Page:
Monday, December 31, 2012

Recycling Your Christmas Tree

Sadly, it is time to start thinking about how best to dispose of our Christmas trees. Don't put your tree out with the regular trash, where it will simply end up in a landfill.

In Mt. Lebanon, you can put your tree out at the curbside for pick up the next two Saturdays, January 5 and 12; trees will be recycled into wood chips. You can also drop off your tree at the Public Works facility during this period.

The Allegheny County Parks Department also has a Christmas Tree Recycling Program, which runs through January 19 this year at all 9 county parks. Trees will be mulched and used in the parks. See here for drop off locations.

Check with your local municipality for other tree recycling programs.

Remember to make sure that your tree is not in a bag and that it does not have any decorations, lights or any other material on it.

Happy New Year!

Tuesday, December 18, 2012

Paying Attention to Food Additives

The New York Times ran an article last week about a teenager who started an online petition asking PepsiCo to remove an ingredient called brominated vegetable oil from its sodas and sports drinks.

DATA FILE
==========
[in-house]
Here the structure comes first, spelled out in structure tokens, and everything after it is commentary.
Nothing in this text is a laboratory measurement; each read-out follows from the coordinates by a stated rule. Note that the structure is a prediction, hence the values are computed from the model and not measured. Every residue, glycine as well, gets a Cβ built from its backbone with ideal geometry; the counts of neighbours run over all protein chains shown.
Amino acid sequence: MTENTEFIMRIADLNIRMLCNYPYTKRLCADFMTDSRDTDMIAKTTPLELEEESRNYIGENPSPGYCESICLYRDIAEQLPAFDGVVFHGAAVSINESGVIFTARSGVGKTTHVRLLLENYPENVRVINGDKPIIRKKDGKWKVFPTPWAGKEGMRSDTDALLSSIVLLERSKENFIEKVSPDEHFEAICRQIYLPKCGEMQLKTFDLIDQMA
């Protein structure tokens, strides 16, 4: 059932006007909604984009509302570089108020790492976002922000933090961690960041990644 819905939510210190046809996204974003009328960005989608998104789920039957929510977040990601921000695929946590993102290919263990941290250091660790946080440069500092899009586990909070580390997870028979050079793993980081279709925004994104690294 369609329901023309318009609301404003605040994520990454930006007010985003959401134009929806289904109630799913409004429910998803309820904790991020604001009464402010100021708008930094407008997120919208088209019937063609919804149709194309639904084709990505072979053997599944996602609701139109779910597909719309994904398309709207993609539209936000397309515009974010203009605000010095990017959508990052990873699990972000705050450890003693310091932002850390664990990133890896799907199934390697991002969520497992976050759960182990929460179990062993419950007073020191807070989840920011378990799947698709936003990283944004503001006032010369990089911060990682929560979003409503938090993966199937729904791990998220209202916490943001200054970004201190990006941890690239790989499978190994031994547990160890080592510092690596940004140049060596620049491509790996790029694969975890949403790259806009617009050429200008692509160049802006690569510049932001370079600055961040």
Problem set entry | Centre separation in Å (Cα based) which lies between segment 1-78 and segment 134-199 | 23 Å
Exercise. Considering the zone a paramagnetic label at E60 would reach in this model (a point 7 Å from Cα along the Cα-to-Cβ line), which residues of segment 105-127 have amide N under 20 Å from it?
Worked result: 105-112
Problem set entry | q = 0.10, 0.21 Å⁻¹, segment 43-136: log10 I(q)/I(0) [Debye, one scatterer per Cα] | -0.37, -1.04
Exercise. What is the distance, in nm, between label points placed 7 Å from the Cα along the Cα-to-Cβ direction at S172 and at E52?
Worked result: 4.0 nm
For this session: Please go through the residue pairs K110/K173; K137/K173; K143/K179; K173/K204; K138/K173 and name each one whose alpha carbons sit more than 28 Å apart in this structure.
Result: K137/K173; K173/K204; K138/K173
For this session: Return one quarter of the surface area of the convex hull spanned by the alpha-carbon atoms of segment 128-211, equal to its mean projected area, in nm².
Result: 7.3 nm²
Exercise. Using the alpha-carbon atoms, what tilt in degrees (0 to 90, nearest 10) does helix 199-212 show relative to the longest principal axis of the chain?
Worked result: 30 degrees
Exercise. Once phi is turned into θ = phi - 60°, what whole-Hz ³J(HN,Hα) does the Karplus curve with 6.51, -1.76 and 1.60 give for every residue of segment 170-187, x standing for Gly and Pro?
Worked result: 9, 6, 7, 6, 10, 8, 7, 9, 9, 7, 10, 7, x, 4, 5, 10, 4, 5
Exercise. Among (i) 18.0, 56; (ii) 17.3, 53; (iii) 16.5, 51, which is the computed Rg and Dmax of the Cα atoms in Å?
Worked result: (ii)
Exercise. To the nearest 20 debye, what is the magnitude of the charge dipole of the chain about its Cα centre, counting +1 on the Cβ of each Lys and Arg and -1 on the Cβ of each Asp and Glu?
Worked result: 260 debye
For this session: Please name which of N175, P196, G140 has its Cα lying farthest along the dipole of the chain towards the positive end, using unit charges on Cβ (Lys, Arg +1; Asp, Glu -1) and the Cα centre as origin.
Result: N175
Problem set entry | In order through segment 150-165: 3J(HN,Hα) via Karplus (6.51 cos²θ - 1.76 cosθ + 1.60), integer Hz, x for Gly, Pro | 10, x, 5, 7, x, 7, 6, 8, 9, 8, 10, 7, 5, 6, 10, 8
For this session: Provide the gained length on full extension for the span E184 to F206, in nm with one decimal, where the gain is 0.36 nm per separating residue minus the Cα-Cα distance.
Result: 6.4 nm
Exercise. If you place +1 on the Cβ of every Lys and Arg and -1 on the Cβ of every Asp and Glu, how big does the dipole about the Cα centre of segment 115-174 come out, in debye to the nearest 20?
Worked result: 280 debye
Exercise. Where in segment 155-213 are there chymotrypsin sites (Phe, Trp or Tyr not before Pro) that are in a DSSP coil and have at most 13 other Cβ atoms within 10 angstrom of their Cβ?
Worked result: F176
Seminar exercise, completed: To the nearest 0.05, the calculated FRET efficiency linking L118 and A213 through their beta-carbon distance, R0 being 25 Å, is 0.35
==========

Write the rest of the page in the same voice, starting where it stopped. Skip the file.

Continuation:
Even if you avoid these types of drinks, the article is an eye-opening account of the almost total lack of oversight of food additives in the U.S. Since 1997, the vast majority of new food additives, including flavorings, dyes, and preservatives, never received a safety determination from the government. What's more, since 1958 at least 1,000 new ingredients have entered the food supply without the knowledge of the government officials responsible for ensuring food safety. Manufacturers are not required to submit even basic information to the Food and Drug Administration (FDA) before including a new additive in their products.

How is this possible? For the past 15 years, the FDA has ceded its responsibilities to the food manufacturers themselves. If a a company can get a hand-picked "expert," that is, one of its own employees or contractors, to say that an ingredient is safe, the company doesn't even have to alert the FDA that it is putting the ingredient into food.